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    The Architect of Spears

    by Gilbert Keith Chesterton
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    The other day, in the town of Lincoln, I suffered an optical illusion
    which accidentally revealed to me the strange greatness of the Gothic
    architecture. Its secret is not, I think, satisfactorily explained in
    most of the discussions on the subject. It is said that the Gothic
    eclipses the classical by a certain richness and complexity, at once
    lively and mysterious. This is true; but Oriental decoration is equally
    rich and complex, yet it awakens a widely different sentiment. No man
    ever got out of a Turkey carpet the emotions that he got from a cathedral
    tower. Over all the exquisite ornament of Arabia and India there is the
    presence of something stiff and heartless, of something tortured and
    silent. Dwarfed trees and crooked serpents, heavy flowers and hunchbacked
    birds accentuate by the very splendour and contrast of their colour the
    servility and monotony of their shapes. It is like the vision of a
    sneering sage, who sees the whole universe as a pattern. Certainly no one
    ever felt like this about Gothic, even if he happens to dislike it. Or,
    again, some will say that it is the liberty of the Middle Ages in the use
    of the comic or even the coarse that makes the Gothic more interesting
    than the Greek. There is more truth in this; indeed, there is real truth
    in it. Few of the old Christian cathedrals would have passed the Censor
    of Plays. We talk of the inimitable grandeur of the old cathedrals; but
    indeed it is rather their gaiety that we do not dare to imitate. We
    should be rather surprised if a chorister suddenly began singing "Bill
    Bailey" in church. Yet that would be only doing in music what the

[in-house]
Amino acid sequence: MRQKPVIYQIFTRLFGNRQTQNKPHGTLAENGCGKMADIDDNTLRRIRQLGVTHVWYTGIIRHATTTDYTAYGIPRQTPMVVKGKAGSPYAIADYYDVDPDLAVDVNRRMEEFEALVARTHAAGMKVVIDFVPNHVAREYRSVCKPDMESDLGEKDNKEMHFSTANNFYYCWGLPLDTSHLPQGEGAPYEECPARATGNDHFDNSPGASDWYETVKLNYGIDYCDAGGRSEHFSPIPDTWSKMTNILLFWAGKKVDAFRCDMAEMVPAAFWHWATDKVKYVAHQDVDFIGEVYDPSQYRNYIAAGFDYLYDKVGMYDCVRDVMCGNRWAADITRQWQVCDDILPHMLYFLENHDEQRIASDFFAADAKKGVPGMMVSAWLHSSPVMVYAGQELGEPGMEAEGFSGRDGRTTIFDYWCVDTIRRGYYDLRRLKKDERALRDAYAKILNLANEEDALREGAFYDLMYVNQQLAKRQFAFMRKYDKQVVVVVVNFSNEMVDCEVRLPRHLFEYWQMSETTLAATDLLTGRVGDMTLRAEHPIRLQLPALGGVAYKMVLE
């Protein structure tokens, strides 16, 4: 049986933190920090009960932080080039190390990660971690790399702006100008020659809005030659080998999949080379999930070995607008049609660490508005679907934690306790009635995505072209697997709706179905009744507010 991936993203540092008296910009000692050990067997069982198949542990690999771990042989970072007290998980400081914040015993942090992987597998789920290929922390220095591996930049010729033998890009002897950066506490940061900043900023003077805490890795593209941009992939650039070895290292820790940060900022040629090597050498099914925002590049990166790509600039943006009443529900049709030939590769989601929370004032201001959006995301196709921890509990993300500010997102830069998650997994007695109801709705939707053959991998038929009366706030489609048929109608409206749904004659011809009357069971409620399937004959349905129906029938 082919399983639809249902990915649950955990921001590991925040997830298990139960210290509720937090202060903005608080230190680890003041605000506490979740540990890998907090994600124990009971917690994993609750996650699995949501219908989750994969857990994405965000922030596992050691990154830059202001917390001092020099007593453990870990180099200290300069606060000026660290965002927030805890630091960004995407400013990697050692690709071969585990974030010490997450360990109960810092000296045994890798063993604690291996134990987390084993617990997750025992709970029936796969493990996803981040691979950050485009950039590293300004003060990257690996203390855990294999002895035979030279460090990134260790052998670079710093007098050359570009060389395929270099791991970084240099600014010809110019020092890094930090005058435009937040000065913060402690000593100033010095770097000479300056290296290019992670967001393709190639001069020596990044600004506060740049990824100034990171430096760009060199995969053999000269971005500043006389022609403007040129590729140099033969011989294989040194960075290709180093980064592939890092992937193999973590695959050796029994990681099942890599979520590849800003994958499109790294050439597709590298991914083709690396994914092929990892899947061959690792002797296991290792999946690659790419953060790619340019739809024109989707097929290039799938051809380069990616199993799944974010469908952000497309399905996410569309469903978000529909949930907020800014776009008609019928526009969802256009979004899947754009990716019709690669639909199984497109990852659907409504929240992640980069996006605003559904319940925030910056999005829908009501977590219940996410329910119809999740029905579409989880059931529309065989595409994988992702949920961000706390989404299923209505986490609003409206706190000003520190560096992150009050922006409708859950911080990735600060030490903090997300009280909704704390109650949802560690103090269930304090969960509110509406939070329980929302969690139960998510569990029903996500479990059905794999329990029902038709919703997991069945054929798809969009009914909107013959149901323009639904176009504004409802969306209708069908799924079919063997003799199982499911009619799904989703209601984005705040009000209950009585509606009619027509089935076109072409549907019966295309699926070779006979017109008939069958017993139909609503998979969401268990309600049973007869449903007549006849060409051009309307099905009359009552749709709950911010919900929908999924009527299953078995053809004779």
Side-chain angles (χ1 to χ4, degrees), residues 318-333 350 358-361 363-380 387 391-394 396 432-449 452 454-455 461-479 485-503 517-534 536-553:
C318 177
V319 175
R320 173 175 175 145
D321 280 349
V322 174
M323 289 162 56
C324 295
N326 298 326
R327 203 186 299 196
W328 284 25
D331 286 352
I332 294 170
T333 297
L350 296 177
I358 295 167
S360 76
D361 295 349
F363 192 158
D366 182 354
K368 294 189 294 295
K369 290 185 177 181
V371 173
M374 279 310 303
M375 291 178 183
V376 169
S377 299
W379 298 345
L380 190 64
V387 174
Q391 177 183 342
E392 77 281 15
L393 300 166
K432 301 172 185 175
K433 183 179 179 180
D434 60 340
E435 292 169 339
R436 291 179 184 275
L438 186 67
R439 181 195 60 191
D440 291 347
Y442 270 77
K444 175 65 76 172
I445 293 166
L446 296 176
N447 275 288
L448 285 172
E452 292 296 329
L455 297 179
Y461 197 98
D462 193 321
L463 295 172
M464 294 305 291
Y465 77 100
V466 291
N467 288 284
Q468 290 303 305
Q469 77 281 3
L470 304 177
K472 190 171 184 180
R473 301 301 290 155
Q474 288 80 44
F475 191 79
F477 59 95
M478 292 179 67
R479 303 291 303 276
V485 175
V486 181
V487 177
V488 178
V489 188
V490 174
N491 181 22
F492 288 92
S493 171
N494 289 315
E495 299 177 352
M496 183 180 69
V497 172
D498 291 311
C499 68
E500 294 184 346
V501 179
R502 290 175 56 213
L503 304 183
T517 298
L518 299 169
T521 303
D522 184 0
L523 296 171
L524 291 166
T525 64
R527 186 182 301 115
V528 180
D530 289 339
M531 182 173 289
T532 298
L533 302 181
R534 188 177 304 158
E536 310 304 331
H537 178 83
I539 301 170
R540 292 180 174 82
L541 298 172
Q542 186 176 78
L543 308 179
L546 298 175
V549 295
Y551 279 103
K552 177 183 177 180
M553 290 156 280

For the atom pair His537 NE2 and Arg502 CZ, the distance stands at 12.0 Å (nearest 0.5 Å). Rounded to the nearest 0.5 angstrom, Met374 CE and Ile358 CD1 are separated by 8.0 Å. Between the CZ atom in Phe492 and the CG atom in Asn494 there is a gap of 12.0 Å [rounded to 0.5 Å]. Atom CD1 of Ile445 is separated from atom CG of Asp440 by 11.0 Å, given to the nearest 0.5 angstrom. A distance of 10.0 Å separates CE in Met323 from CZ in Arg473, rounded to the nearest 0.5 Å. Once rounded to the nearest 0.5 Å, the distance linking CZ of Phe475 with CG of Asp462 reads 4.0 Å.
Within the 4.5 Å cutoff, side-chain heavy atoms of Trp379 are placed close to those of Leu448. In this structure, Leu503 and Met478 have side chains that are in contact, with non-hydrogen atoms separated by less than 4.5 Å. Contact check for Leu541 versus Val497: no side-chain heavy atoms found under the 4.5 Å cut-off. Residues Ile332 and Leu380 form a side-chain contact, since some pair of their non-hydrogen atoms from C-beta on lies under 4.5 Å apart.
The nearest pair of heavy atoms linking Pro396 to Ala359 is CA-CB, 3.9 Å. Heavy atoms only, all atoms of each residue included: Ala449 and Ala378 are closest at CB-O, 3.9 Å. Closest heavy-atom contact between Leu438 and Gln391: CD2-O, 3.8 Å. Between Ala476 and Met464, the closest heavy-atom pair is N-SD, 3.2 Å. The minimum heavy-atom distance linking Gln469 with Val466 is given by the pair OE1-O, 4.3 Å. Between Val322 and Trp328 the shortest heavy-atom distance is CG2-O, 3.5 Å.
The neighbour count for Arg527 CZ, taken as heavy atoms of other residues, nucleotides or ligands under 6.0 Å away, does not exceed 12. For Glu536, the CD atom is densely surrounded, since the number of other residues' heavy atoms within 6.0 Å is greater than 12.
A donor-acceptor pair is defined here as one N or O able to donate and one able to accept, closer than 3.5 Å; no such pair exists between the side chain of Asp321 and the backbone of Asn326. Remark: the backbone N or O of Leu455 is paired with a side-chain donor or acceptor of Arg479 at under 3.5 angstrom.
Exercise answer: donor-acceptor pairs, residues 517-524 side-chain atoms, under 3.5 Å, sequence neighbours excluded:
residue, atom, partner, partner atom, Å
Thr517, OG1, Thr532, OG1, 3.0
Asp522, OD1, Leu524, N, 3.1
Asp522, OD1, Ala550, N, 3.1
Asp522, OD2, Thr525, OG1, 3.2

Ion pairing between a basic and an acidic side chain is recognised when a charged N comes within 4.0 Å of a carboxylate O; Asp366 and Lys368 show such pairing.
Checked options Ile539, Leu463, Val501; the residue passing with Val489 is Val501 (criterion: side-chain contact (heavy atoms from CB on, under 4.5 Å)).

mediaevals did in sculpture. They put into a Miserere seat the very
    scenes that we put into a music hall song: comic domestic scenes similar to
    the spilling of the beer and the hanging out of the washing. But though
    the gaiety of Gothic is one of its features, it also is not the secret of
    its unique effect. We see a domestic topsy-turvydom in many Japanese
    sketches. But delightful as these are, with their fairy tree-tops, paper
    houses, and toddling, infantile inhabitants, the pleasure they give is of
    a kind quite different from the joy and energy of the gargoyles. Some
    have even been so shallow and illiterate as to maintain that our pleasure
    in medieval building is a mere pleasure in what is barbaric, in what is
    rough, shapeless, or crumbling like the rocks. This can be dismissed
    after the same fashion; South Sea idols, with painted eyes and radiating
    bristles, are a delight to the eye; but they do not affect it in at all
    the same way as Westminster Abbey. Some again (going to another and
    almost equally foolish extreme) ignore the coarse and comic in
    mediaevalism; and praise the pointed arch only for its utter purity and
    simplicity, as of a saint with his hands joined in prayer. Here, again,
    the uniqueness is missed. There are Renaissance things (such as the
    ethereal silvery drawings of Raphael), there are even pagan things (such
    as the Praying Boy) which express as fresh and austere a piety. None of
    these explanations explain. And I never saw what was the real point about
    Gothic till I came into the town of Lincoln, and saw it behind a row of

    I did not know they were furniture-vans; at the first glance and in the
    smoky distance I thought they were a row of cottages. A low stone wall
    cut off the wheels, and the vans were somewhat of the same colour as the
    yellowish clay or stone of the buildings around them. I had come across